Mounting evidence shows a direct correlation between people living in neighborhoods with higher availability of fast-food outlets and the likelihood of residents’ chronic diseases, including type 2 diabetes. Findings have also suggested that the availability of more supermarkets impacts the amount of type 2 diabetes cases, particularly in rural and suburban neighborhoods.
One study published in the JAMA Network Open used data from a cohort of more than 9-million veterans living across the country. The study counted fast-food restaurants and supermarkets relative to other food outlets to examine the relationship between the availability of this food and health issues.
According to researchers, this study is the first to explore this relationship in four distinct neighborhoods (high density urban, low density urban, rural, and suburban).
“Most studies that examine the built food environment and its relationship to chronic diseases have been much smaller or conducted in localized areas,” said Rania Kanchi, MPH, lead author of the study.
“Our study design is national in scope and allowed us to identify the types of communities that people are living in, characterize their food environment, and observe what happens to them over time. The size of our cohort allows for geographic generalizability in a way that other studies do not.”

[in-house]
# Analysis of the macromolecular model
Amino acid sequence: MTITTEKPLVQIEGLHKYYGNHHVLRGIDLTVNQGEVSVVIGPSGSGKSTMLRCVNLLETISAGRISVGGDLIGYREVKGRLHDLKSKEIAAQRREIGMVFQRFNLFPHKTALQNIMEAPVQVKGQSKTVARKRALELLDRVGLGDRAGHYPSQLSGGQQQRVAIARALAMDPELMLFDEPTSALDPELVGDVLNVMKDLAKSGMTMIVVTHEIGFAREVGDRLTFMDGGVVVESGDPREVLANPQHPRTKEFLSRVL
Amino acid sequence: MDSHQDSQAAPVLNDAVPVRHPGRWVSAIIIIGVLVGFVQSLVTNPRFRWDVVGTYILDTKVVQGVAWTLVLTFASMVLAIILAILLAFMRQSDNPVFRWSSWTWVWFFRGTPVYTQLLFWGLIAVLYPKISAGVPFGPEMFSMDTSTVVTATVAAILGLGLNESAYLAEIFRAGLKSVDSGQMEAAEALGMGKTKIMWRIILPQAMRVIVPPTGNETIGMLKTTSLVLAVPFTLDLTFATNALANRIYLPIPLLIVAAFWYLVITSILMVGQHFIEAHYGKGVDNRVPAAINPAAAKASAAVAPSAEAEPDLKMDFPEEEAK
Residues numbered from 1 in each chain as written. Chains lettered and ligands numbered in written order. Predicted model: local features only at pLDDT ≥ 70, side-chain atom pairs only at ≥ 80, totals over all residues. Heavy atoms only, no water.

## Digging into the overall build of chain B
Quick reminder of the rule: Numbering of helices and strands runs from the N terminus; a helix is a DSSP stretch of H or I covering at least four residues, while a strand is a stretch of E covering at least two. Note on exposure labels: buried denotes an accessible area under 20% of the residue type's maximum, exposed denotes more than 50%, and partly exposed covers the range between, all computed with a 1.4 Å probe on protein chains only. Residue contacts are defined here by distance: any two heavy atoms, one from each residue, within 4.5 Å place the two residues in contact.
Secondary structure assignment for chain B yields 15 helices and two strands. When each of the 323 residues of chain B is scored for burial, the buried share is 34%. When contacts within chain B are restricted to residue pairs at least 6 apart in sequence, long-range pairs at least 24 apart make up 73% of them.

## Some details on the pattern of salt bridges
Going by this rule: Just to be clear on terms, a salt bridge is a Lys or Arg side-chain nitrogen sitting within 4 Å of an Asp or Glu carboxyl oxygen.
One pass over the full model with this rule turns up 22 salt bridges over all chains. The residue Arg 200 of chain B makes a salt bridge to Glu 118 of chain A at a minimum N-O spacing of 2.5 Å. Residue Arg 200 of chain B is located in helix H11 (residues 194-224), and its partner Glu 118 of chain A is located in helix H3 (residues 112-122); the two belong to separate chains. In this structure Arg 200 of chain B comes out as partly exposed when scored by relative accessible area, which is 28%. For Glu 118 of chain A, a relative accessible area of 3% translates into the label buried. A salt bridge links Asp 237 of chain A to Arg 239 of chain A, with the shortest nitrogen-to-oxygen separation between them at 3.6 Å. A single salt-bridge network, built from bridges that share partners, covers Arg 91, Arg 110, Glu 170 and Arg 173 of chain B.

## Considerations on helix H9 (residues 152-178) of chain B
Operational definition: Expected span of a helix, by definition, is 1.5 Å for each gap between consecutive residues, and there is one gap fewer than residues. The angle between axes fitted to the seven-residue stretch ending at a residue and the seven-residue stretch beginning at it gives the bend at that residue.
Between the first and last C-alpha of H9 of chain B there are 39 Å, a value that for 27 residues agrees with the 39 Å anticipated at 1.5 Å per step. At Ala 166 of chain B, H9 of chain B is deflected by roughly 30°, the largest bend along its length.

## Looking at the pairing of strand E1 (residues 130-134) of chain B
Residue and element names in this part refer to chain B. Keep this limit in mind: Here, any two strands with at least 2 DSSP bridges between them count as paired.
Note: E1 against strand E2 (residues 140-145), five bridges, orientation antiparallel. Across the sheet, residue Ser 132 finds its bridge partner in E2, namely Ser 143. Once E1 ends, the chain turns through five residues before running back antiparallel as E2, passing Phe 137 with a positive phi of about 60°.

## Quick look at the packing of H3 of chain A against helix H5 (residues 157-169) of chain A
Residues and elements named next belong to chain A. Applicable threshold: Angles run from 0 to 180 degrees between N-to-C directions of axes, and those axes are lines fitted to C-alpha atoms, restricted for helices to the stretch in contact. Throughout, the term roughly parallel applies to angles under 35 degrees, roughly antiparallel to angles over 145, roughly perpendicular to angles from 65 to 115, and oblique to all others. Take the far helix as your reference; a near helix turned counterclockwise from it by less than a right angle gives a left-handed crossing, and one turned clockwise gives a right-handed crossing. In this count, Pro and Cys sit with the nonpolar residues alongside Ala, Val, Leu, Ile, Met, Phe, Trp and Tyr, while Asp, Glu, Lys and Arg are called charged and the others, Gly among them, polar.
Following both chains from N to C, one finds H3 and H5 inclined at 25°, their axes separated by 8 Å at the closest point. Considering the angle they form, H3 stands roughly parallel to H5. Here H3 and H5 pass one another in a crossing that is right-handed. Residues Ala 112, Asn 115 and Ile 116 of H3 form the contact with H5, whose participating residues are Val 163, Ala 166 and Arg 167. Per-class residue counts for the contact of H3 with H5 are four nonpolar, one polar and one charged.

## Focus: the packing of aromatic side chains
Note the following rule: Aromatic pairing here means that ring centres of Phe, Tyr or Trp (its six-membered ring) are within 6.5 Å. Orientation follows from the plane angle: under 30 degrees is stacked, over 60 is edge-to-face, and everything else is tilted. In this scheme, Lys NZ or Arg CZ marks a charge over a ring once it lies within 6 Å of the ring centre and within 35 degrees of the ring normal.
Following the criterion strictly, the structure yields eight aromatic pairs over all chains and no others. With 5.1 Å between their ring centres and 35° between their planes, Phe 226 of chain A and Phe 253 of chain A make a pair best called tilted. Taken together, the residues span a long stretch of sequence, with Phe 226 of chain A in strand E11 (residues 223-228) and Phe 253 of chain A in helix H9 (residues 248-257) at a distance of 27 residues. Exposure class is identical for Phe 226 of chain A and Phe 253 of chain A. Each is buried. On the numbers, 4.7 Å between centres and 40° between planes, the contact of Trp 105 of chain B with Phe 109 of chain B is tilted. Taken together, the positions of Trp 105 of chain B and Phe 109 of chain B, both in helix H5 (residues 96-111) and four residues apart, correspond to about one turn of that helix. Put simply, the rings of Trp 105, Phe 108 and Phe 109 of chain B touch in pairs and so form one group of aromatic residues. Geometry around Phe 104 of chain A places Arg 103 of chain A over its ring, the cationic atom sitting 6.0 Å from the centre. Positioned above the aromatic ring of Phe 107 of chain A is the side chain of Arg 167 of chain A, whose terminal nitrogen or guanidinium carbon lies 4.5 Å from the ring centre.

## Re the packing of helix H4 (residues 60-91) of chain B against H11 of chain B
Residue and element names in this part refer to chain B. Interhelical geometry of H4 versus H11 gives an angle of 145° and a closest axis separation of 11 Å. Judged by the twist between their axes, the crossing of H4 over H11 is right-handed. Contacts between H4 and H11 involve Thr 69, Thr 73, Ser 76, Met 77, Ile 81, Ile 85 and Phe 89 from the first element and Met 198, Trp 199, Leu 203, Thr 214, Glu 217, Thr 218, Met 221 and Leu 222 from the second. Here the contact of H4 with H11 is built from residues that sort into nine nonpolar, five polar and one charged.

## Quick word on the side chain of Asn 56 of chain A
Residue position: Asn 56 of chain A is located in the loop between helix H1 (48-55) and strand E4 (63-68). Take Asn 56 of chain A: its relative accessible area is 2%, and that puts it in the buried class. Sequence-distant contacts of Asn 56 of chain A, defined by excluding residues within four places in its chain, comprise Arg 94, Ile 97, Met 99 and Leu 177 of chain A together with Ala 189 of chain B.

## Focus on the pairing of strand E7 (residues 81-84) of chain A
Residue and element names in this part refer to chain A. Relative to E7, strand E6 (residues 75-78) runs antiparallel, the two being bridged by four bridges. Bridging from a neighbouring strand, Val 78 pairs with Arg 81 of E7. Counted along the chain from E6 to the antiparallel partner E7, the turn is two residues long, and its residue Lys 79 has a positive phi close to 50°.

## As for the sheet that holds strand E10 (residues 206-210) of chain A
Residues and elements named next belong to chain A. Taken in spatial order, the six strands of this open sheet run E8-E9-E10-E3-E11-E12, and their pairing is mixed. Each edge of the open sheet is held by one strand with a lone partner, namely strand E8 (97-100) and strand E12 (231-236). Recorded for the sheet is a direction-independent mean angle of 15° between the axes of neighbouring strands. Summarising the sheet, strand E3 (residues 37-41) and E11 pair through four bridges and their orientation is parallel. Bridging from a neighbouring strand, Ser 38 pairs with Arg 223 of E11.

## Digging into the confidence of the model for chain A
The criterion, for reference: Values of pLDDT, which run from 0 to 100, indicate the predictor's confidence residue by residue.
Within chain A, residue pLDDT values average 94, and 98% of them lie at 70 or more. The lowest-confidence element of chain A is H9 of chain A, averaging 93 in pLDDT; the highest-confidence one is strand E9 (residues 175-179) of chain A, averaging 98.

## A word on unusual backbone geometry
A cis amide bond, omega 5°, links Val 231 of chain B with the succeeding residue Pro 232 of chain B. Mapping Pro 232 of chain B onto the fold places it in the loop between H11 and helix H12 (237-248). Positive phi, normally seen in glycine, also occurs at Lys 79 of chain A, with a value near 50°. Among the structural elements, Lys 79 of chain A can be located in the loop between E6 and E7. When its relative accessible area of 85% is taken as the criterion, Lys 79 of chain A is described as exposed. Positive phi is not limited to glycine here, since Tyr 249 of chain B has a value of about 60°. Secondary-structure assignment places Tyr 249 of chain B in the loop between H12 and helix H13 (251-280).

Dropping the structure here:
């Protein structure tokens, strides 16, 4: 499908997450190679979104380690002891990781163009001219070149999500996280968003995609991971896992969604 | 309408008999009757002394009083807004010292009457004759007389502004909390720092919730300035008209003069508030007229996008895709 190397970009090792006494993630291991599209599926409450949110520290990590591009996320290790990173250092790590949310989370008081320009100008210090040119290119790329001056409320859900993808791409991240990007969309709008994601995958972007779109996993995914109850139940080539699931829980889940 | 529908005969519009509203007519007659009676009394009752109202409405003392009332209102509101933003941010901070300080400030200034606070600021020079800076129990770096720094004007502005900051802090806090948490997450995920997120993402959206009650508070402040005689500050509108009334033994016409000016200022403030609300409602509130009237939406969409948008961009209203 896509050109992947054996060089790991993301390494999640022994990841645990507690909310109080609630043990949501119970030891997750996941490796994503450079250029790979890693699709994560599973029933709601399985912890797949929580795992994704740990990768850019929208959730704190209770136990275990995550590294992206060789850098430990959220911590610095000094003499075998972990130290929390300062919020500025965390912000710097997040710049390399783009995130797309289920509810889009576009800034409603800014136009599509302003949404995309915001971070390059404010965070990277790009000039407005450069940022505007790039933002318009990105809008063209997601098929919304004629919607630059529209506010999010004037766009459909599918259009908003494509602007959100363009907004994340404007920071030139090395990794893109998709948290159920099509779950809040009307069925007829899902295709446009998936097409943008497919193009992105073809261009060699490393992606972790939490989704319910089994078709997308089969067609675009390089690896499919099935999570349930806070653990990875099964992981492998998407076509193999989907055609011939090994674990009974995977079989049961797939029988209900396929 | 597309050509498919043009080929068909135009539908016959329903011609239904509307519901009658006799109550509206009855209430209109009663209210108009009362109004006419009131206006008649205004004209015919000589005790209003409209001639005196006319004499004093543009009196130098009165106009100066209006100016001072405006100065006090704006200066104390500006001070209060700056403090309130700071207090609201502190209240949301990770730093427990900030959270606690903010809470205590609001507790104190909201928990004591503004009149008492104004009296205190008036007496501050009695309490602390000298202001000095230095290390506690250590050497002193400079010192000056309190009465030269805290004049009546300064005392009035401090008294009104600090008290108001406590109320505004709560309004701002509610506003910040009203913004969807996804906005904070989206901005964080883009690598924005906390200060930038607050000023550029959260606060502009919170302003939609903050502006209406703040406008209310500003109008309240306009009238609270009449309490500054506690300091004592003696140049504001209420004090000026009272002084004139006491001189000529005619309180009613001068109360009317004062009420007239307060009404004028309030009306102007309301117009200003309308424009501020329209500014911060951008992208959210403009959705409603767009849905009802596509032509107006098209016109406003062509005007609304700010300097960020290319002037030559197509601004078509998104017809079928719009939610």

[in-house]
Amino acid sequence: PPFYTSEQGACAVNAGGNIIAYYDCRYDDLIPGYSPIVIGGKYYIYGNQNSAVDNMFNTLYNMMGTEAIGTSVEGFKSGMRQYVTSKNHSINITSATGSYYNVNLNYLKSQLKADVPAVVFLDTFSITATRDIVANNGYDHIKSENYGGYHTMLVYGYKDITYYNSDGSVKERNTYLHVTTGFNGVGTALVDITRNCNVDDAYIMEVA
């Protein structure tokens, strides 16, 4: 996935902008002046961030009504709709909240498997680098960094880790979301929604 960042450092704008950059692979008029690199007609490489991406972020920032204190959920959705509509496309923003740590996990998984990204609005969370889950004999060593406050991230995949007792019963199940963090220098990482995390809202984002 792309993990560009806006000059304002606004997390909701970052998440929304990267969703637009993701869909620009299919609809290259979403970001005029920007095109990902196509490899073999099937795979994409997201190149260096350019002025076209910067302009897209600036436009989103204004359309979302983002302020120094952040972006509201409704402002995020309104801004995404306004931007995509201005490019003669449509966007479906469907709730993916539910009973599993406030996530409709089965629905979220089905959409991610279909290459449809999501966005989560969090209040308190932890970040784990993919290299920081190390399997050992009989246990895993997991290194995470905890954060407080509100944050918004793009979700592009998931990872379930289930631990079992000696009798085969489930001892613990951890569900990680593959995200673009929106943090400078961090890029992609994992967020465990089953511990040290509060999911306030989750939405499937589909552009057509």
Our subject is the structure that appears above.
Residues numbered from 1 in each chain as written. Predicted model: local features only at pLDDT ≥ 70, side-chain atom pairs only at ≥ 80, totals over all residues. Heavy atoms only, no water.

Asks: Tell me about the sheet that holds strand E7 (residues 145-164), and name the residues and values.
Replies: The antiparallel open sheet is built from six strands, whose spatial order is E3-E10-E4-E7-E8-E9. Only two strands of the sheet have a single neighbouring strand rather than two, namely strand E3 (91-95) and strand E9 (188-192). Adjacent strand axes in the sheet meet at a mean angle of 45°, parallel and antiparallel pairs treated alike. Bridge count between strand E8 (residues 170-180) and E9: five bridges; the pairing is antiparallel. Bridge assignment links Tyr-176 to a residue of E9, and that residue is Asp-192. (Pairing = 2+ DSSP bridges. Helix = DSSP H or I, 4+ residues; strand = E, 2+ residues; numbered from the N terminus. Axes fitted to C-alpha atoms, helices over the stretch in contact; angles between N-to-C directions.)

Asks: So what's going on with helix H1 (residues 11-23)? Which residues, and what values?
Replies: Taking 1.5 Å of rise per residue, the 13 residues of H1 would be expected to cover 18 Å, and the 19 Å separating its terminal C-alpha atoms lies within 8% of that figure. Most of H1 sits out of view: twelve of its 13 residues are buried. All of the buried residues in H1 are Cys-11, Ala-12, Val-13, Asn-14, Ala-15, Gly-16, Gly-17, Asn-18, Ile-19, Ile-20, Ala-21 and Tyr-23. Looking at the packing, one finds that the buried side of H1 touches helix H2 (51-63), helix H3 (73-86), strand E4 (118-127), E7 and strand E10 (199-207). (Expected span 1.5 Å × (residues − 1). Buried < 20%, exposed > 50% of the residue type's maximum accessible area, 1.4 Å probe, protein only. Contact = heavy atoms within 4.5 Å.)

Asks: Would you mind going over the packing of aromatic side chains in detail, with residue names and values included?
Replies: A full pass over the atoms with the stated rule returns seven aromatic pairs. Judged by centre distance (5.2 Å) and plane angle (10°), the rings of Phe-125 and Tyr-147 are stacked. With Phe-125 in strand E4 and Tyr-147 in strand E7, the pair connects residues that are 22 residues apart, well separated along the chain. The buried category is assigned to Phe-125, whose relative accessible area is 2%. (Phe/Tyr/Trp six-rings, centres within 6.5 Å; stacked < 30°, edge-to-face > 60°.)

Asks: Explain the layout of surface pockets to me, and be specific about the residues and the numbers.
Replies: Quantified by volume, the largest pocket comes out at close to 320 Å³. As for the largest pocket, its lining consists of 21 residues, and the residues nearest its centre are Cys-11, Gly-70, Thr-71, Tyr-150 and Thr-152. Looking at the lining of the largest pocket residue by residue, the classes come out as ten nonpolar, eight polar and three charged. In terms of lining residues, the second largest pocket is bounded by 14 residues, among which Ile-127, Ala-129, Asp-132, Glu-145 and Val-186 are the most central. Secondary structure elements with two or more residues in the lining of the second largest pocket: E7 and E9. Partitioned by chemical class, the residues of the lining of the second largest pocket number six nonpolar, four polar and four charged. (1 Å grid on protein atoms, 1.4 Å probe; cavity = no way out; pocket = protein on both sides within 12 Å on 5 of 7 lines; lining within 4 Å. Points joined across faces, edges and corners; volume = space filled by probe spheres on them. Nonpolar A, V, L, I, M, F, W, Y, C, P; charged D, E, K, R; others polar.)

Researchers analyzed more than 9 million veterans seen at more than 1,200 health facilities around the country. Using the data, researchers constructed a national cohort of more than 4,000,000 veterans without diabetes. Each veteran’s health status was followed for a median of five and a half years, or until the individual either developed diabetes, died, or had no more appointments for more than two years.
When researchers analyzed community types, 14.3% of veterans living in high-density urban communities were found to have developed type 2 diabetes. The lowest incidence (12.6%) was among veterans residing in suburban and small-town communities.
Overall, it was established that the effect of the food environment on type 2 diabetes incidence varied by how urban the community was and the availability of fast-food outlets. A neighborhood-built environment with high availability of poor food choices directly correlated with the likelihood that residents may develop chronic diseases such as heart disease, type 2 diabetes, and certain types of cancers. These residents are also at greater risk of disability, obesity, and other chronic conditions.
Policymakers Need to Make Improvements
Researchers believe that the more that is learned about the relationship between food environment and chronic diseases, the more policymakers can act by improving the mix of healthy food options for its residents.
The next phase of the research would be to understand better the built environment’s impact on diabetes risk by subgroups. Researchers plan to analyze the relationships between fast-food restaurants, supermarkets, and community types such as race/ethnicity, socioeconomic status, and gender.